Medical herbalist Nicola Parker explains the treatment for mucous

Whether its in your nose, throat or lungs, it’s an awful symptom that can linger long after any initial infection has worn off.

By Medical herbalist  Nicola Parker
Friday, 15th January 2021, 3:06 pm

At this point in the year, when most people are well on their way to starting a new healthy eating regime or starting a new detox or exercise program, I often find myself feeling dreadful and hiding indoors with a cold. The stress of Christmas takes it’s toll on my immune system and I know I’m not the only one.

Normally, when we are allowed to socialise, a significant number of my friends and family will be pushing through some of the festive season and on in to the new year while coughing and spluttering, forcing themselves to attend their usual New Year party duties instead of being tucked up in bed.

I imagine that Christmas and New Year was much less stressful this year, since we have all had fewer social commitments, but to make up for it, we have the whole of 2020 to leave behind with the fate of 2021 becoming increasingly uncertain. While we may have missed the busy period, I for one have certainly not missed out on the worry and the stress.

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Thyme

There are a number of things you can do for yourself if you’ve caught a bug. While it’s important to focus on building immunity, for respiratory infections there is one symptom that it is incredibly important to address.

Mucous. The word even sounds horrible. Whether it’s in your nose, throat or lungs, it’s an awful symptom that can linger long after any initial infection has worn off. I often speak to people that insist they’ve had a chest infection for months. While this is possible, it’s much more likely that they’ve had multiple infections but after each one has been eliminated, the mucous on the lungs has persisted, leaving them run down and exhausted until the next one comes along.

Often, once the infection has cleared, the mucous lingers. This can irritate the lungs or nasal passages leading to further mucous production, thus entering you into a perpetual mucus forming cycle.

This is where herbal medicine can be really useful. Certain herbs can have mucous thinning actions, making it easier for the body to get rid of. Many of these are used in cooking, including garlic, onions, ginger and chilli. You can put the fresh herbs in hot water to sip through the day or add them to soups, stews, chillis and any other culinary dish that takes your fancy.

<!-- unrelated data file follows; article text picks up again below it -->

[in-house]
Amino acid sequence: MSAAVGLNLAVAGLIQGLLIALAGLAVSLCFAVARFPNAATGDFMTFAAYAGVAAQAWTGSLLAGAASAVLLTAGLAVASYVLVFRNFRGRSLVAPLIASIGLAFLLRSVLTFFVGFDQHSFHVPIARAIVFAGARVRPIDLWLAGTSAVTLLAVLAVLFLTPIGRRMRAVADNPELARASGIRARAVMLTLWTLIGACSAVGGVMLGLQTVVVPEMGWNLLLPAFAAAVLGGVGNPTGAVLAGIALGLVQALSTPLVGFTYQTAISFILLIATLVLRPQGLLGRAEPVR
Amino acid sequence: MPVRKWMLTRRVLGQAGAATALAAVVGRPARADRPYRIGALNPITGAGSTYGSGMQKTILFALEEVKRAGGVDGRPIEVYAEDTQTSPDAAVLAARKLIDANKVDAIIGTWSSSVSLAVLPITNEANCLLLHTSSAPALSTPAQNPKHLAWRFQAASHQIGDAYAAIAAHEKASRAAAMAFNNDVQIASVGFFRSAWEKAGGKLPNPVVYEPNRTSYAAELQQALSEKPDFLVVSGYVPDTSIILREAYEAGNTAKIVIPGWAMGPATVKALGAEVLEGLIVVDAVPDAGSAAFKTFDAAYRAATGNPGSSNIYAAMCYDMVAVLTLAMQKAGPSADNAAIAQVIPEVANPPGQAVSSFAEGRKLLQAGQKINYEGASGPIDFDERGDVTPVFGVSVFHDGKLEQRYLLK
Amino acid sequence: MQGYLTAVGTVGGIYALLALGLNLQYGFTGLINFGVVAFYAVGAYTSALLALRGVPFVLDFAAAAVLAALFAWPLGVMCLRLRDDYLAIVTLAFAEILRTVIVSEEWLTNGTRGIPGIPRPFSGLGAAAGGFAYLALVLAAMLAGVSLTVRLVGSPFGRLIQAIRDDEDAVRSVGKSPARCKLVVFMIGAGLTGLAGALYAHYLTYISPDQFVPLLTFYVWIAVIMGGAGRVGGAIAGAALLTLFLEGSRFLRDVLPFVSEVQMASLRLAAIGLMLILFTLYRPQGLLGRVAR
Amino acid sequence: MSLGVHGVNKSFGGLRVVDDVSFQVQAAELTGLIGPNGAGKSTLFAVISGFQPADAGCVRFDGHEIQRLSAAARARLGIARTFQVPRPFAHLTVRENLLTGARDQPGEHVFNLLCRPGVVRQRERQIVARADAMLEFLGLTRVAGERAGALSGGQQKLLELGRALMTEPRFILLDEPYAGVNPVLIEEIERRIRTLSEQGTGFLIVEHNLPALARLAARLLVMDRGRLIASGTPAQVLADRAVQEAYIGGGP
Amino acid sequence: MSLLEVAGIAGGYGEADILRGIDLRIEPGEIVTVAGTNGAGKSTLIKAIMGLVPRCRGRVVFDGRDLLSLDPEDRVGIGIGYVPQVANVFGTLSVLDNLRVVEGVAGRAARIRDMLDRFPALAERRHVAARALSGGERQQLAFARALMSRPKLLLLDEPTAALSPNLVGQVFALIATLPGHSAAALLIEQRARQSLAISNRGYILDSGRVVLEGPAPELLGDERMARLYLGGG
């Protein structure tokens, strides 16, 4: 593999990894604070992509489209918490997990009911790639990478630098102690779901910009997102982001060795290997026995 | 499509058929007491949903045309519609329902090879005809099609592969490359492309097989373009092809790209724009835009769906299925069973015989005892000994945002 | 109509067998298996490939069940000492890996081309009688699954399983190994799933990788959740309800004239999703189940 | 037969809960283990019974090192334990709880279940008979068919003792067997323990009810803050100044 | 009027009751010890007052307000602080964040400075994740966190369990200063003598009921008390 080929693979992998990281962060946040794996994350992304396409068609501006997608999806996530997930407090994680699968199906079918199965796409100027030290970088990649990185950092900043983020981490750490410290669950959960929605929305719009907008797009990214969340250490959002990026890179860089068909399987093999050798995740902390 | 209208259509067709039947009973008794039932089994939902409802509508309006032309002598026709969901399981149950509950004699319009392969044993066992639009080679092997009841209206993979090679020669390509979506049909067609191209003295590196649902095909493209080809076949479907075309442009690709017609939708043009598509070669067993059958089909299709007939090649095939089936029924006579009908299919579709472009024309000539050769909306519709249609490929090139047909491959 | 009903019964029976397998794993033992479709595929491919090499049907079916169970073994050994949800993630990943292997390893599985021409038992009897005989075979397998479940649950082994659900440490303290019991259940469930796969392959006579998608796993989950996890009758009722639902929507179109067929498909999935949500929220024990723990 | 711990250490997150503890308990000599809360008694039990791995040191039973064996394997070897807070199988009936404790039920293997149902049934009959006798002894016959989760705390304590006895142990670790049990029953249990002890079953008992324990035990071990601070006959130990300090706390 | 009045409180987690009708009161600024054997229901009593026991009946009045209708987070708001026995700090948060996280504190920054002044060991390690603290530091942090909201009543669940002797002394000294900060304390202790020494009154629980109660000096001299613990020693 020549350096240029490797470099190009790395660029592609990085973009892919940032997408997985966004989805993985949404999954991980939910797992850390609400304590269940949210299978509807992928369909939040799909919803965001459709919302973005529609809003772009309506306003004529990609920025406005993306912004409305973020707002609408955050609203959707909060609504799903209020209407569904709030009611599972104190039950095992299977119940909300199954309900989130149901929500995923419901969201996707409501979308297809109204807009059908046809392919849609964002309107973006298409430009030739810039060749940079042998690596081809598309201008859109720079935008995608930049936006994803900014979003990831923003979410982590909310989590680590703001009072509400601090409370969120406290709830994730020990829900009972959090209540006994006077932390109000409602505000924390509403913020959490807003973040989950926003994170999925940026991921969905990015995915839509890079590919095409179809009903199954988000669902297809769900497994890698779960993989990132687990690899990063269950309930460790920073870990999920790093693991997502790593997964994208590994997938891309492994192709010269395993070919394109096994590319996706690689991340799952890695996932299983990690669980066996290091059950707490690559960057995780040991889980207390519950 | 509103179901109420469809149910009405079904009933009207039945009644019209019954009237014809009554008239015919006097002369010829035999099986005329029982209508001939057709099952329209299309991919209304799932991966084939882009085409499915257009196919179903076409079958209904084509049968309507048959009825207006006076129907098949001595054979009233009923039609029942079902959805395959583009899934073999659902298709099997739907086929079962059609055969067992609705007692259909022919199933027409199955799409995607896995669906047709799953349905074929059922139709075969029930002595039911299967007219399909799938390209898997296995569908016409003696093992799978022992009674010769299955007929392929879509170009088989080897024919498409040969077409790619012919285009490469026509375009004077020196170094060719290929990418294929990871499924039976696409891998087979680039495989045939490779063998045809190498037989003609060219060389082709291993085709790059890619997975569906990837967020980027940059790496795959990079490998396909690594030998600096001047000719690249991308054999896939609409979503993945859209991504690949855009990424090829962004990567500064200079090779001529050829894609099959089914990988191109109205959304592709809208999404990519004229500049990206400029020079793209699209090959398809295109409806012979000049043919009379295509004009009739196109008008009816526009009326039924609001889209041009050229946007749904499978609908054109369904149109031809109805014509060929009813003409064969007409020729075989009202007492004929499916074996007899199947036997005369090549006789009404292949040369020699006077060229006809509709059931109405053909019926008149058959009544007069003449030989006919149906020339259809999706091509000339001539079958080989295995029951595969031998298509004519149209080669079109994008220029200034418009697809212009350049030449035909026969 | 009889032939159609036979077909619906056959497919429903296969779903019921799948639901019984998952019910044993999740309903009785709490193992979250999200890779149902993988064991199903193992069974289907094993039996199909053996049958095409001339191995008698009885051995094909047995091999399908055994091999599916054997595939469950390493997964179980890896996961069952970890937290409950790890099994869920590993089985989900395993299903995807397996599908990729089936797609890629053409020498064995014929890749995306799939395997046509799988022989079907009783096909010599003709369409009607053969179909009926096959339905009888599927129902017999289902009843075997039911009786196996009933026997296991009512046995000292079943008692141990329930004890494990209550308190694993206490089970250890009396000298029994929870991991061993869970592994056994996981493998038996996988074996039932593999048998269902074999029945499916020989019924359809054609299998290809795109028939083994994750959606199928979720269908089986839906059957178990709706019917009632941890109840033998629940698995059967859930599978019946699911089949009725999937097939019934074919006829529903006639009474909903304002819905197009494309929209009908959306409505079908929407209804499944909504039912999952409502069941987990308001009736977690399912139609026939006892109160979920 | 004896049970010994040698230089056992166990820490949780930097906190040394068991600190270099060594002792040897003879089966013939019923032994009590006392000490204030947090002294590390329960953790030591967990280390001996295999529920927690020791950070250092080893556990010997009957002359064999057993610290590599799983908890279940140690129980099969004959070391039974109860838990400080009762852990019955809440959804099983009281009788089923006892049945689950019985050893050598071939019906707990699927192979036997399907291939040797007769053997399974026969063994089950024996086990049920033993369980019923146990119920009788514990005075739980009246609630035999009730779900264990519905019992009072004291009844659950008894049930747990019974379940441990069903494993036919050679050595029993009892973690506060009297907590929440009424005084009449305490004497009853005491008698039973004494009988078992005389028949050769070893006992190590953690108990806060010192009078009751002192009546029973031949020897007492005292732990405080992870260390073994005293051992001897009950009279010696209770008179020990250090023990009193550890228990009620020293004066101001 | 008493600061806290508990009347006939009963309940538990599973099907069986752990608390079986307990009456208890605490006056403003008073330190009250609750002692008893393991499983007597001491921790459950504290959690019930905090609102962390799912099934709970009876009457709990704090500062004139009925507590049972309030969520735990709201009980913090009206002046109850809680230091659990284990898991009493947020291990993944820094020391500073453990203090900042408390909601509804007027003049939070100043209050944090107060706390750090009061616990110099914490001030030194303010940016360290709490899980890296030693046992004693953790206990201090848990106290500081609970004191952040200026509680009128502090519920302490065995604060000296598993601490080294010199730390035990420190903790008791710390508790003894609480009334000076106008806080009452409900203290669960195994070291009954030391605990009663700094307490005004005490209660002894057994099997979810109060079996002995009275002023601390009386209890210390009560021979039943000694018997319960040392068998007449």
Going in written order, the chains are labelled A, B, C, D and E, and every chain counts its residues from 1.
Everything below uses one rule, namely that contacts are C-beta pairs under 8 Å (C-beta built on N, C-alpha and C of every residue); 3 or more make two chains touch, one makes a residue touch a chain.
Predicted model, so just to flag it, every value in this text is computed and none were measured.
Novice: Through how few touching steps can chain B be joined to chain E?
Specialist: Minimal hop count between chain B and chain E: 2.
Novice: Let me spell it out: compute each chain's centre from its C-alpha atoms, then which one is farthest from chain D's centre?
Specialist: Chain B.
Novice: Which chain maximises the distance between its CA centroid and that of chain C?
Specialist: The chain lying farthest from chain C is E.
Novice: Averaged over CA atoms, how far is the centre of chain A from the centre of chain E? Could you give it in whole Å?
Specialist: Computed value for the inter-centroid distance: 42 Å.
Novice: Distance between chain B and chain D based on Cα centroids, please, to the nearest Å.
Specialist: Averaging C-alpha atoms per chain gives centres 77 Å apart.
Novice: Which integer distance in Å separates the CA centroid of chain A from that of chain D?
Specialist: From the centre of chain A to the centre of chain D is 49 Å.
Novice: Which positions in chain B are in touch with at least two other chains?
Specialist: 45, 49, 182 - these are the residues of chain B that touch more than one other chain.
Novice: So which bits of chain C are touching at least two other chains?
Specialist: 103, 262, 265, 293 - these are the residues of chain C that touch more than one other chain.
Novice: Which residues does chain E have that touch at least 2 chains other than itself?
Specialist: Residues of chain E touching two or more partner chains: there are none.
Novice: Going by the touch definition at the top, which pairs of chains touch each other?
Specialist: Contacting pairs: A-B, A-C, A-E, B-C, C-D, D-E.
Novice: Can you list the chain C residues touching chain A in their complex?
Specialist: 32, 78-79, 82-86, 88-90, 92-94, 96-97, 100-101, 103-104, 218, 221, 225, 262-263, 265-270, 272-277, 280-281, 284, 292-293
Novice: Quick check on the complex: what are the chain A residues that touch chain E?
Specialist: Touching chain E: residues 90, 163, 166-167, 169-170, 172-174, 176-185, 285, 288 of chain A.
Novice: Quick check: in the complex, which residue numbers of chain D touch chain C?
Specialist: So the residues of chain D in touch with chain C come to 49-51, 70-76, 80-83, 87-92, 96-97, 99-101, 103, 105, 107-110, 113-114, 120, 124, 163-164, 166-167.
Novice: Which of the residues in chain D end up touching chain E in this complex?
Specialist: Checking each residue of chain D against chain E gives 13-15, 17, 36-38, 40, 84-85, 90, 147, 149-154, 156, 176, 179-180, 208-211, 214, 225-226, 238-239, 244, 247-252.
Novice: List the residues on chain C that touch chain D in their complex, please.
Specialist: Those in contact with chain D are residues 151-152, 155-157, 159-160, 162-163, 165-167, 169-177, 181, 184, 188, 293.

If you are looking for something stronger, more of a potent medicine that packs a bit more of a medicinal punch, my medicinal herbs of choice include ivy, licorice and thyme (pictured).

In the shop beneath my clinic, there is a formula created by a herbalist much older than I, a remedy that has existed long before I entered the herbal medicine field. I’m a big believer in the old remedies. New things come and go, falling in and out of fashion, but ones that stand the test of time, those I put my trust in. The remedy is simply named IvyThyme and it is specific to shifting mucous.

The herbs in IvyThyme help to thin mucous, just like chilli or garlic would but they also act as expectorants, meaning they give the lungs a helping hand to haul the mucous off the chest. It starts to work almost immediately, clearing the lungs so that the tissues can heal. Once the tissues have healed the cycle is broken and you can start building yourself back up to full health again.

Thyme is a wonderful lung herb that is powerfully antimicrobial, so if there is any bacteria left causing problems, it can help you fight against it, as well as helping to protect you from the next bug that comes along.

Perhaps the best thing about IvyThyme though is that it seems to help relax the airways, meaning that you only cough when bringing up mucous, putting an end to those continuous unproductive coughs that leave you sore and exhausted.

If the story of repeated infections and constant coughing sounds familiar, then next time you’re fighting off a cough, turn your attention to the mucous.

Antibiotics will kill bacteria and immune herbs like echinacea will help you fight it off yourself, but if the worst culprit is mucous, tackle it directly for a faster, more comfortable recovery.

l For more information about any of the issues covered in this column, or to book an appointment with Nicola contact her clinic on 01524 413733.